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How to QA Tough Calculated Fields (Without Pulling Your Hair Out)

How to QA Tough Calculated Fields (Without Pulling Your Hair Out)

It’s tempting to try and solve calculation problems on the fly in your visualizations. Just slap down few calculated fields, throw them in your viz, and it’ll all tie out perfectly, right? Ha. More than once I’ve found myself pounding out changes to row-level calcs while watching my rolled-up visualization flounder, and after an embarrassingly long time of trial and error, I realize I had a silly mistake in one calculation that goofed up all the rest. I want to help others avoid that frustrating (and expensive!) method of QA-ing complex calculations. 

The Golden Rule: Don't try and QA complex calculations in your views. It will double your time invested and triple your blood pressure.

Instead, create an easy QA structure in your workbook using a new worksheet. Here's how.

Step 1: Break down your data to the lowest level of detail.

Let’s break it back down to the basics with a new worksheet. Personally, I name those worksheets things like “QA - YoY Sales to Category” and color them purple (my favorite tab color) so I can easily find them among all my other tabs.

Worksheet name

Build a text table by dragging Dimensions onto the rows shelf to get to the lowest level of detail in your data set.

This enables you to see what’s happening on the row level, and then snap up to higher levels of detail and see where things are breaking. If it’s not right on the row level, it won’t be right on the rolled up levels. So this is where we start!

Build out your columns with discrete measures from your calculation(s).

Start with the calculation giving you trouble and drag in every column that goes into it, in the order they appear in your calculation. This helps you visualize the math as it’s happening, just like your high school algebra teacher used to have you show your work. For example, if you’re calculating Year over Year sales growth, bring in the Sales: Last Year, Sales: This Year, and Sales YoY in that order. Now you can see what you’re working with.

Build out columns

Check your row-level math first.

Do your calculations do what you expect? Does Sales YoY seem to be proportionate to last year and this year’s sales? Adjust your calculations on the row-level until each row is airtight as you move from left to right.

 

Step 2: Check the other levels of detail.

Now roll up your level of detail, if possible.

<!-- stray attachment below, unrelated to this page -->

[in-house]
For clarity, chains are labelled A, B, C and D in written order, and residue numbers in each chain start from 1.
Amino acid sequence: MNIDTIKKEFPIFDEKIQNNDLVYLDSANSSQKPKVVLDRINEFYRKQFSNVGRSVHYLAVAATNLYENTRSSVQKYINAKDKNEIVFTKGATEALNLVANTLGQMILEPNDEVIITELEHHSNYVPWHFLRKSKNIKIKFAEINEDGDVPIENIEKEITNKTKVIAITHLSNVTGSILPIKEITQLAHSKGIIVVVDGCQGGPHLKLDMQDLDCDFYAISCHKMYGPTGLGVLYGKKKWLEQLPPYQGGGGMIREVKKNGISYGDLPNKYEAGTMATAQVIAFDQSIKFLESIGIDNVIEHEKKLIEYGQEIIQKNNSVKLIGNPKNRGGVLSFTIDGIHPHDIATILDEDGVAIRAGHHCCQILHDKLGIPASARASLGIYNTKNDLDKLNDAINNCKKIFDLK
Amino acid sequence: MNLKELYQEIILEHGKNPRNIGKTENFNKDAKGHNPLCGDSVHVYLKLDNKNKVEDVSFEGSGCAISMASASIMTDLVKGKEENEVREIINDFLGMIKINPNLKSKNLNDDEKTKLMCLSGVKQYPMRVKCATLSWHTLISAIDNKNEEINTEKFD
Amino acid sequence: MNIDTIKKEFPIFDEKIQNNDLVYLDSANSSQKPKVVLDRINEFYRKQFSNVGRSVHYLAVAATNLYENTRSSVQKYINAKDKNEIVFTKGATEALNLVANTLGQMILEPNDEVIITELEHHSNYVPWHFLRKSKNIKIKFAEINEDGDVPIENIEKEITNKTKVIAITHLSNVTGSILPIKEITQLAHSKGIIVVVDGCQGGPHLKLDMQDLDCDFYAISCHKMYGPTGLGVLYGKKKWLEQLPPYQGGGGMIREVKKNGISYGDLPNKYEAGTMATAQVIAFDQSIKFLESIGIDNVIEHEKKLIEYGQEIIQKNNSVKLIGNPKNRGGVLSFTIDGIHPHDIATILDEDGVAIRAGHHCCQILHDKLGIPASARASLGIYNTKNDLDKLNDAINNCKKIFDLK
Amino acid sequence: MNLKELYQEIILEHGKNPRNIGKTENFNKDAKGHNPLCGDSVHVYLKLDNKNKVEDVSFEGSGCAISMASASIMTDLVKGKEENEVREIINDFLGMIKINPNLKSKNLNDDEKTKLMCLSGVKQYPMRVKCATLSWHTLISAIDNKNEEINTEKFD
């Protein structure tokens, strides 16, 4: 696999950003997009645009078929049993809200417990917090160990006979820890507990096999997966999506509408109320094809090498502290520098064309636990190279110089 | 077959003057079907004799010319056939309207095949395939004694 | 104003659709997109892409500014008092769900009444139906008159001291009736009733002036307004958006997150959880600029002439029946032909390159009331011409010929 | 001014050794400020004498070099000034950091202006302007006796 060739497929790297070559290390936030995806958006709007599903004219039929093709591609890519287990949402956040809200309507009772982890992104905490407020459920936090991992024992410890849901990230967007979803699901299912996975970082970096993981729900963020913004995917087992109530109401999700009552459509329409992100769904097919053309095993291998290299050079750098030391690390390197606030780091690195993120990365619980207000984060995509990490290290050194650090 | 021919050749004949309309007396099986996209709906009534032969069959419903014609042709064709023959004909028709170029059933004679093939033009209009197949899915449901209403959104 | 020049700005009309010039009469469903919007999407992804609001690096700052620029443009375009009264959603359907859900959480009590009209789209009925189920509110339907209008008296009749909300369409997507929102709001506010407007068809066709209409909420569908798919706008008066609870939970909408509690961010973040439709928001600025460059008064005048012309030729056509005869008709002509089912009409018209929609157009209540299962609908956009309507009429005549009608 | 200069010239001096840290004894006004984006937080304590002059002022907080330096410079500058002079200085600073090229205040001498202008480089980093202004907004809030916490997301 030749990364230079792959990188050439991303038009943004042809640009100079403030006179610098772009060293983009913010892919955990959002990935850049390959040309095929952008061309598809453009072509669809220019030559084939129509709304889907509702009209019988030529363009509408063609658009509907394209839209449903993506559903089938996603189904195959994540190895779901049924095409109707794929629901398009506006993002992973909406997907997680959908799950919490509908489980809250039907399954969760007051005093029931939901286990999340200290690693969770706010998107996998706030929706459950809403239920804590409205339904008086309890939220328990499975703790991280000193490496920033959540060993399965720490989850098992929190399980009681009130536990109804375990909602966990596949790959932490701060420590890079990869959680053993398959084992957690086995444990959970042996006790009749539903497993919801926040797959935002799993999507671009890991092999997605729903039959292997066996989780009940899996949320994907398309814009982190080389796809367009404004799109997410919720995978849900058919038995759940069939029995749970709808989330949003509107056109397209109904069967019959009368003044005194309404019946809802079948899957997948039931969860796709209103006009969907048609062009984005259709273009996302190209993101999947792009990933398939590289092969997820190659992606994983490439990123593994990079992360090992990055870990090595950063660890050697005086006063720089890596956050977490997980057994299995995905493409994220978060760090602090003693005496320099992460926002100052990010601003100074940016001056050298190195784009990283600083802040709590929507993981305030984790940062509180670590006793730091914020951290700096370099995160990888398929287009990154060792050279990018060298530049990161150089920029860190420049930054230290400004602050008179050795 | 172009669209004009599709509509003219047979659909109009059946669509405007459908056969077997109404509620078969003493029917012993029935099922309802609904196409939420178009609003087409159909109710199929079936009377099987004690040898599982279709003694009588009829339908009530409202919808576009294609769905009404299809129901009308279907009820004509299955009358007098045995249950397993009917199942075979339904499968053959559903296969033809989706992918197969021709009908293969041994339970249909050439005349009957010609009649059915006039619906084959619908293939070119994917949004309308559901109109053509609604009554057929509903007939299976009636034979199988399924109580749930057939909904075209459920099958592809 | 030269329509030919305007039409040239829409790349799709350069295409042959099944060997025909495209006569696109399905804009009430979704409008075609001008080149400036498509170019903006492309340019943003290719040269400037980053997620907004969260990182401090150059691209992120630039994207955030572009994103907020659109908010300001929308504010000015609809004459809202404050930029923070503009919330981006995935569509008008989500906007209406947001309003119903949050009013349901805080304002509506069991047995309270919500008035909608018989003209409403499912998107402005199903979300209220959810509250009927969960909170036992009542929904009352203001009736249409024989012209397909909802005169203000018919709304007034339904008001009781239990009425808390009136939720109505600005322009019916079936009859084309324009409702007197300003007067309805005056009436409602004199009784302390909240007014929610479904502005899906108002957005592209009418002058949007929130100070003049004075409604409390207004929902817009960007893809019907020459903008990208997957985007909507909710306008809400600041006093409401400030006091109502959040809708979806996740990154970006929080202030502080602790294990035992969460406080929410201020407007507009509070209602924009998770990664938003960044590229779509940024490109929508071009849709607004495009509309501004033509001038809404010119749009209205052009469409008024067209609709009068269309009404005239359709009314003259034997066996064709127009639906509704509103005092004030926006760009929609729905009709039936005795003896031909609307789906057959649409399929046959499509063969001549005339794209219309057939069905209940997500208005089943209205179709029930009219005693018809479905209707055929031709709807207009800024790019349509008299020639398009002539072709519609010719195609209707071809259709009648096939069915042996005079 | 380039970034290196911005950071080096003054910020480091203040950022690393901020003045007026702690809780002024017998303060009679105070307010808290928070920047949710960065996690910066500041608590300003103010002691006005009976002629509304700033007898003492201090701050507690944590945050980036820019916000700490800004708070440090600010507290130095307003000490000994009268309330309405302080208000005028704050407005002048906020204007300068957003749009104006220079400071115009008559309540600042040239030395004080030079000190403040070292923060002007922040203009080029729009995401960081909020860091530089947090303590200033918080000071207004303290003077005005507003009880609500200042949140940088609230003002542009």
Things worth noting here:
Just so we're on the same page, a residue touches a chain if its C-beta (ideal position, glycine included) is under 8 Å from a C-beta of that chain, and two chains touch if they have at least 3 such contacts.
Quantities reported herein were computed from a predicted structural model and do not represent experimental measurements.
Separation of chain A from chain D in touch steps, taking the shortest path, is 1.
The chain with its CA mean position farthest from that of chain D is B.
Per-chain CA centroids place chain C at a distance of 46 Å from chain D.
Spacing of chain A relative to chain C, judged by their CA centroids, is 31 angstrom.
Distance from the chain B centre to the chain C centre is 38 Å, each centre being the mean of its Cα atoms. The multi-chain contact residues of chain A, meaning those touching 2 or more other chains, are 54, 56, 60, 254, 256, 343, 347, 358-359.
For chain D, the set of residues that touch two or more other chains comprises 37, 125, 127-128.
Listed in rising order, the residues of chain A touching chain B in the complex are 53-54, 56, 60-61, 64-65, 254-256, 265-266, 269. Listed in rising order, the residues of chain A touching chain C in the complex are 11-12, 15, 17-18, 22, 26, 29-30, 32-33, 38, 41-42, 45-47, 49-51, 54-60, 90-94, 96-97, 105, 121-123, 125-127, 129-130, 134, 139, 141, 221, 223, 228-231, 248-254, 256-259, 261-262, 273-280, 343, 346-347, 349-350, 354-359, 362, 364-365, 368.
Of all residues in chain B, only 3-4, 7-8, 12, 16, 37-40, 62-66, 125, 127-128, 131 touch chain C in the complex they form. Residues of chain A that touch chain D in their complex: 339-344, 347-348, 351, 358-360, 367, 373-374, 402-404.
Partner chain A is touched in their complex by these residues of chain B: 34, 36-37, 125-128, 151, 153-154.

Do your calculations still look right? If they’re row-level calcs, they should.

Table of calculations

Next up: Level of Detail Calculations. Add any LODs you want to check into your columns.

Chart with added columns

Take them for a spin!

Make sure your LOD calculations are working properly by rolling your level of detail up and down, or adding a Subtotal to your view to check against. They should hold true when you roll up to the total for your dataset, and when you go back down to the row/product level. Adjust your calculations so that when you take away a key dimension to roll it up to a higher level of detail, your fields yield what you’d expect.

Most common issue: you are missing a key dimension to fix/include/exclude in the LOD. Don’t feel bad. They’re tricky.

See how below, I’ve made sure our furniture Category sales fixed LOD adds up to equal the subtotal of the furniture Sub-Categories? Do this for all your LODs.

Chart with LODs and subcategories

Step 3: Make sure it’s pushing through appropriately to your views.

Check your worksheets and dashboards.

Once you have confidence your calculations are performing correctly, go check your view. See if they look good, make sure you’re using the right fields, and check to see if you missed any LOD calculations you might need to check.

Keep that QA sheet, or make more of them for other sections of calculations.

They’re helpful to refer to throughout the development process, or to use in troubleshooting questions later.

Step 4: Celebrate!

Now that you’re confident your math is working, you can play around in the visualization all you’d like and be worry-free about your numbers. Give yourself a pat on the back.

Good luck out there, Tableauteurs!

Breaking down your complex math with a clear process can take a lot of the headache out of QA and troubleshooting. Got any good tips of your own? Tweet us at @GoDataDrive and let us know!

 


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